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The Japan U-20 or (Japan National Under-20 Football Team) is a national association team of Japan of players who are under the age of 20 and is controlled by the Japan Football Association.

History

*Under construction until the end of the U-20 arc

First organized in 1979, the Japan U-20 represents Japan in the FIFA U-20 World Cup. Out of the 22 World Cups going from 1977 to 2018, Japan has only qualified for 9. Japan at best has only came in second place in the 1999 FIFA World Cup, losing to Spain. They most commonly make the Top 16.

After losing in the Top 16 in the 2018 FIFA World Cup, Anri Teieri proposed creating a new Japanese football in order to push Japan further in the World Cup and ultimately win it, and thus Blue Lock was created.

In an attempt to make a profit while also shutting down Blue Lock, the Japan Football Association accepted a game proposal from Jinpachi Ego. The Japan U-20 will face off against the Blue Lock Eleven and after defeating them will shut down the program proving it is unrealistic. If they happen to lose the match, Blue Lock will hijack the U-20 team.

Uniform

The Japan U-20 uniforms consist of a white jersey with dynamic red stripes that has their player number, their team association and the Japanese flag and white shorts with red stripes at the bottom of the shorts. All the U-20 wear black shirts under their jersey and gloves as well.

Faculty

Abilities

The Japan U-20's defense is made up of 3 stages:

1) Haru Hayate pressures the opposition the moment they are in possession, forcing a pass. Backed up by Itsuki Wakatsuki.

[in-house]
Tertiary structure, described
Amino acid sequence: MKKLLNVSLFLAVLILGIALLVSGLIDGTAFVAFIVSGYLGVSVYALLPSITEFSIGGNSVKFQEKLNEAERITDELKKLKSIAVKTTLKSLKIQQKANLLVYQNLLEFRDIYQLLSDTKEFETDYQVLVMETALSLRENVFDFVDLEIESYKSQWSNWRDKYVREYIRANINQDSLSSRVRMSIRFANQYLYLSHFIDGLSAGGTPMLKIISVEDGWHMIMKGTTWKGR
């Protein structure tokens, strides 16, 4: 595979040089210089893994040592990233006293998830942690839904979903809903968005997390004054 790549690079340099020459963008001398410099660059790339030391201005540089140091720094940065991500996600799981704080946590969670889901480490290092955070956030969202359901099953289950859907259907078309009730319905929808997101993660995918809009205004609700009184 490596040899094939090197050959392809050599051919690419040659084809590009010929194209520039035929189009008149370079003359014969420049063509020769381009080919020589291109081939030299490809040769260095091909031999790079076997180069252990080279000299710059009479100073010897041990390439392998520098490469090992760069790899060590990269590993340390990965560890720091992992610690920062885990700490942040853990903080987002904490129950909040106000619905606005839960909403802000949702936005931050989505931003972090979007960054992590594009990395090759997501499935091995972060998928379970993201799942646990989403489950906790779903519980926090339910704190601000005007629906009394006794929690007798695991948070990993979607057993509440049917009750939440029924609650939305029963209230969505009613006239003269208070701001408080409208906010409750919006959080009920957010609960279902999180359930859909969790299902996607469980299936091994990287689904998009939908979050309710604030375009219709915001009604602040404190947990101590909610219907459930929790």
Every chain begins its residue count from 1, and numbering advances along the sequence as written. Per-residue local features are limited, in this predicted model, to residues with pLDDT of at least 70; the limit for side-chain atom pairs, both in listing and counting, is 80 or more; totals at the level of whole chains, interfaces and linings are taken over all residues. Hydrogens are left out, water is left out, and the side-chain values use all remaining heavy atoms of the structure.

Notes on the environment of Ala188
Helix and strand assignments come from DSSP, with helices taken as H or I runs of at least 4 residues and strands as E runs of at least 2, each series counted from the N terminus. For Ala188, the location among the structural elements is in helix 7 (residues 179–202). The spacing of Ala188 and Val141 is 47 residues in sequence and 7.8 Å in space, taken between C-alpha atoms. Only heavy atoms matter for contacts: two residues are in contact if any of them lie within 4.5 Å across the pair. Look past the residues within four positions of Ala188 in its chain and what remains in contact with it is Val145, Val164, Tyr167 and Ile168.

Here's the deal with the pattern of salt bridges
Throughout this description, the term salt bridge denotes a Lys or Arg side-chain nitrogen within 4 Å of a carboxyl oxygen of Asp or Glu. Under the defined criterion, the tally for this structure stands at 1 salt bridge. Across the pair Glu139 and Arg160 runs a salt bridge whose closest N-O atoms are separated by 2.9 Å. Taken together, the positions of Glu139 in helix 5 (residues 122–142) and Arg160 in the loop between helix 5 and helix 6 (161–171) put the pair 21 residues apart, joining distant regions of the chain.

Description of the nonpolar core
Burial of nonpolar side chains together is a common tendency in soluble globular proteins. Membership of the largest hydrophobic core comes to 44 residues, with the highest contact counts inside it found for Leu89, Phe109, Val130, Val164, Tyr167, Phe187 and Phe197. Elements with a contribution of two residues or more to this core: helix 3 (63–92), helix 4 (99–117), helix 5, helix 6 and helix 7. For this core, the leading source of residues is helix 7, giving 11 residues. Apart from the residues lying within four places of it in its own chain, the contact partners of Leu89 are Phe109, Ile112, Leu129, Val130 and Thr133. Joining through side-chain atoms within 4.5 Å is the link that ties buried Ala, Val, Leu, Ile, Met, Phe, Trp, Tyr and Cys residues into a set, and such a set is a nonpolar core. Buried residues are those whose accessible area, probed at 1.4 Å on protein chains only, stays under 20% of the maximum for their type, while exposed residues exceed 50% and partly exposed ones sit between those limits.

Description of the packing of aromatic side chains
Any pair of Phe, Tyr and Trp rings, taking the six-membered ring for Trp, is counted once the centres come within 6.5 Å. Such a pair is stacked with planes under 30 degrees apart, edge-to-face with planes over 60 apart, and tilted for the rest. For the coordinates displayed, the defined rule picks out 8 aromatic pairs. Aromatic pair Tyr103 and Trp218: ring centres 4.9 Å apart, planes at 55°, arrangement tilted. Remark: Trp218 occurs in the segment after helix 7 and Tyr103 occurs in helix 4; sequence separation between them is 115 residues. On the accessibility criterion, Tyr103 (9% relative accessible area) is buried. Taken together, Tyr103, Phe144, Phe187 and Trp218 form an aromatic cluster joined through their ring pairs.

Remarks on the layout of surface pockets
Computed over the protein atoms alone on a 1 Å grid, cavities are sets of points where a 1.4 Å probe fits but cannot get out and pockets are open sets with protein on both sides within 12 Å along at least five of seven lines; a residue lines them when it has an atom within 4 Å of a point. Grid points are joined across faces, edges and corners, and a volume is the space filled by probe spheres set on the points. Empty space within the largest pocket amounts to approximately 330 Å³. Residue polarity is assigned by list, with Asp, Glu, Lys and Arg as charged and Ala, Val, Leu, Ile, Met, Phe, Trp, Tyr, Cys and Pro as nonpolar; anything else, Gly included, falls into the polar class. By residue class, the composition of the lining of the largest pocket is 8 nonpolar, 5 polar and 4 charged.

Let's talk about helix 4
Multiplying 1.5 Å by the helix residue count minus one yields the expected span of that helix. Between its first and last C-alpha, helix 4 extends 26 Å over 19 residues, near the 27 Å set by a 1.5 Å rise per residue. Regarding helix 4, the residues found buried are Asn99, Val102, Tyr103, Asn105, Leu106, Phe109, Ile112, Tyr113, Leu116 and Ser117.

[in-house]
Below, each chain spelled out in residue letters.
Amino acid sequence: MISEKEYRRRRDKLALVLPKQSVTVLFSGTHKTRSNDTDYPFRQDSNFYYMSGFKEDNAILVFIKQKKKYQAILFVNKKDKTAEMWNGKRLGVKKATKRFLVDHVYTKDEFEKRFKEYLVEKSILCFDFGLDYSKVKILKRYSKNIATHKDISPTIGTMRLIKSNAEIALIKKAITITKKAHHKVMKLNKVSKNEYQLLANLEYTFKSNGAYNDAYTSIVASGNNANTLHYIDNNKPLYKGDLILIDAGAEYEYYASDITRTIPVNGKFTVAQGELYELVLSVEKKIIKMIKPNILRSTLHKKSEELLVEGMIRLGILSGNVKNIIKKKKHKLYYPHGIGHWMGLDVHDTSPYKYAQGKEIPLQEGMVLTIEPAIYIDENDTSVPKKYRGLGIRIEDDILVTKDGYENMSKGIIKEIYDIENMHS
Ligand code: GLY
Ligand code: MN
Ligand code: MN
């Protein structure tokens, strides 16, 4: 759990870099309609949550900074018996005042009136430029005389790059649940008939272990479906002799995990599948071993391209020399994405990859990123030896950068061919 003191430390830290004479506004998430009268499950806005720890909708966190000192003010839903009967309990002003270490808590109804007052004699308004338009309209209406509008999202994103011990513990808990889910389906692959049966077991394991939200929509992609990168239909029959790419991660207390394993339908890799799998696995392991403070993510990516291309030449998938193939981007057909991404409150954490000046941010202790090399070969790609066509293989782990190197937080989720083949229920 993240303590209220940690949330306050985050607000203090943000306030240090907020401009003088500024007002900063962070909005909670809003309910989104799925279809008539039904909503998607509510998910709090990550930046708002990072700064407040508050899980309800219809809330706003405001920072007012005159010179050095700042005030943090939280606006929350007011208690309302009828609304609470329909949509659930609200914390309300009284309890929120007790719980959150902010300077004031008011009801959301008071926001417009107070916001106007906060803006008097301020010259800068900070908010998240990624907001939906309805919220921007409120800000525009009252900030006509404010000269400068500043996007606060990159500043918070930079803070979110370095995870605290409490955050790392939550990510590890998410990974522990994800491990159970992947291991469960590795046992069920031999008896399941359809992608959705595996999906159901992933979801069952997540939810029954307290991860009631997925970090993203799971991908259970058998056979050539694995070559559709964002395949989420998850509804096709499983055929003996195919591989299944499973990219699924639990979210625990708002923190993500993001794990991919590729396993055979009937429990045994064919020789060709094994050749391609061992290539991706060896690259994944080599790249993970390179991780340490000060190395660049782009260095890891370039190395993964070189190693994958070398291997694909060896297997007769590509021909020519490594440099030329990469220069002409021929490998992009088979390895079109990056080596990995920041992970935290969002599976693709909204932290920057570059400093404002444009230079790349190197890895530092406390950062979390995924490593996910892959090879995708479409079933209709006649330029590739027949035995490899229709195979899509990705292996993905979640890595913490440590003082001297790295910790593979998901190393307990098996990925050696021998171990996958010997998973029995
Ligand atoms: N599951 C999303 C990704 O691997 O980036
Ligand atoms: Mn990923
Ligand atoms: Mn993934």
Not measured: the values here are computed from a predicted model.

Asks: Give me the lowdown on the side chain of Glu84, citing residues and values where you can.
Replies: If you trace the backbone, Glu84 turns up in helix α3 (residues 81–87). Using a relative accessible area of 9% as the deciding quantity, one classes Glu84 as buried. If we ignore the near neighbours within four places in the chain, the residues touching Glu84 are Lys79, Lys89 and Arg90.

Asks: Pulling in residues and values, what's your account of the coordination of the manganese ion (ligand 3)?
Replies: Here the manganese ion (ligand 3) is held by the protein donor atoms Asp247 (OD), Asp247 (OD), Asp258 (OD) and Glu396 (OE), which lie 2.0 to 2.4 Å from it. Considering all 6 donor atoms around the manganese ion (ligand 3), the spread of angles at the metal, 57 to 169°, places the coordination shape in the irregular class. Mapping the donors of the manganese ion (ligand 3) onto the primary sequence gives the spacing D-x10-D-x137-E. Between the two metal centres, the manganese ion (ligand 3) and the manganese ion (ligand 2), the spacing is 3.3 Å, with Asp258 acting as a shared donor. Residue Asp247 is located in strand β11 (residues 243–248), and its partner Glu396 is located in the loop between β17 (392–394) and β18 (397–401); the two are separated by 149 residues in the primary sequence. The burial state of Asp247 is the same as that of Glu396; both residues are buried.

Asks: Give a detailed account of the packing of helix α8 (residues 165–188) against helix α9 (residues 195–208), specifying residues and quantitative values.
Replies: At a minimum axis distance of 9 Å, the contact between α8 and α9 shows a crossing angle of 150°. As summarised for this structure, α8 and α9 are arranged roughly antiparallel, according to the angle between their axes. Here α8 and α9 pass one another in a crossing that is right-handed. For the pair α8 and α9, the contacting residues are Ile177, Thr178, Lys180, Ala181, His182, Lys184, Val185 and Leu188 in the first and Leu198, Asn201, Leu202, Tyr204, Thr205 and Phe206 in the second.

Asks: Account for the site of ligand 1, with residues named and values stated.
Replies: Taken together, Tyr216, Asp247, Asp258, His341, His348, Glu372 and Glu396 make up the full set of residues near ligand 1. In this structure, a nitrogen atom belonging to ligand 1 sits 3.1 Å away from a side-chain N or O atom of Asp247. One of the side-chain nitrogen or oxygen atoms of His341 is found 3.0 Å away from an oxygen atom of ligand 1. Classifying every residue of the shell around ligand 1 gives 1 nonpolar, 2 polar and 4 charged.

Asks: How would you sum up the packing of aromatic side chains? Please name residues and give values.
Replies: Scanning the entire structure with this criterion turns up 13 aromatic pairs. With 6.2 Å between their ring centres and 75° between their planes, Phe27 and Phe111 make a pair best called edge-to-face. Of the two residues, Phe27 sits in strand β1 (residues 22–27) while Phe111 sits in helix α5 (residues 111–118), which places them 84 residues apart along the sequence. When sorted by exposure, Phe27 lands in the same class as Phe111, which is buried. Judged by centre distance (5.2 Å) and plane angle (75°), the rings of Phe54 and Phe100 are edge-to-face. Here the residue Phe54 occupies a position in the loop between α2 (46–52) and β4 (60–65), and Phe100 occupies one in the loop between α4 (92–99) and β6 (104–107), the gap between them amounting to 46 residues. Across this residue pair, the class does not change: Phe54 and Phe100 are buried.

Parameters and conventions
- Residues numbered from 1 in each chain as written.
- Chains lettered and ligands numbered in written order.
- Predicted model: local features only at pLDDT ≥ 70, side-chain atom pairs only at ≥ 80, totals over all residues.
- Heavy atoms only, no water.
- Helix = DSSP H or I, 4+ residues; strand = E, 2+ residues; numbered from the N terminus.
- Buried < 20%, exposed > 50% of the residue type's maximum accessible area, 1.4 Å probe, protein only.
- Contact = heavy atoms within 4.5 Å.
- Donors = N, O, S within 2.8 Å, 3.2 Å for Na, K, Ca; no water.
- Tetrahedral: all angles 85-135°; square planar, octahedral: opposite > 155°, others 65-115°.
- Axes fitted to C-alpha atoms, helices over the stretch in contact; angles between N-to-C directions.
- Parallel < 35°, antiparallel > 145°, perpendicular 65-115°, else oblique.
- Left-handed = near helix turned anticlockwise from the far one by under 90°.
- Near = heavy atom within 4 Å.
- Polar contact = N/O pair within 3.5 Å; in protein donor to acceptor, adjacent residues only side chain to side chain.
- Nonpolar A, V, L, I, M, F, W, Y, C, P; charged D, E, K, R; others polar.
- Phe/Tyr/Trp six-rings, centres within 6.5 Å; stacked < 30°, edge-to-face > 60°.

2) The "Iron Wall Quartet" made up of Oliver Aiku, Kazuma Niou, Miroku Darai, and Teppei Neru, tighten up their defense and guard their designated zones, leaving no weak spots.

3) Whenever the opposition gets a certain distance to the goal, Oliver goes out to the opposition to reinforce the guard and pressure the opponent.

The Japan's U-20's offense is a simple formation where the offensive midfielder, Sae Itoshi, gets the ball down the field and into the hands of the forwards, Teru Kitsunezato, Kento Chou, and Shuto Sendo. The forwards are passed the ball and usually take a shot once in possession.

Against the Blue Lock Eleven, the Japan U-20 can only hold up their strong defense but the U-20 offense was never able to score on the Blue Lock defense without Sae Itoshi and thus they ended up losing the first half of the Japan National Representative Match.

Members

Faculty

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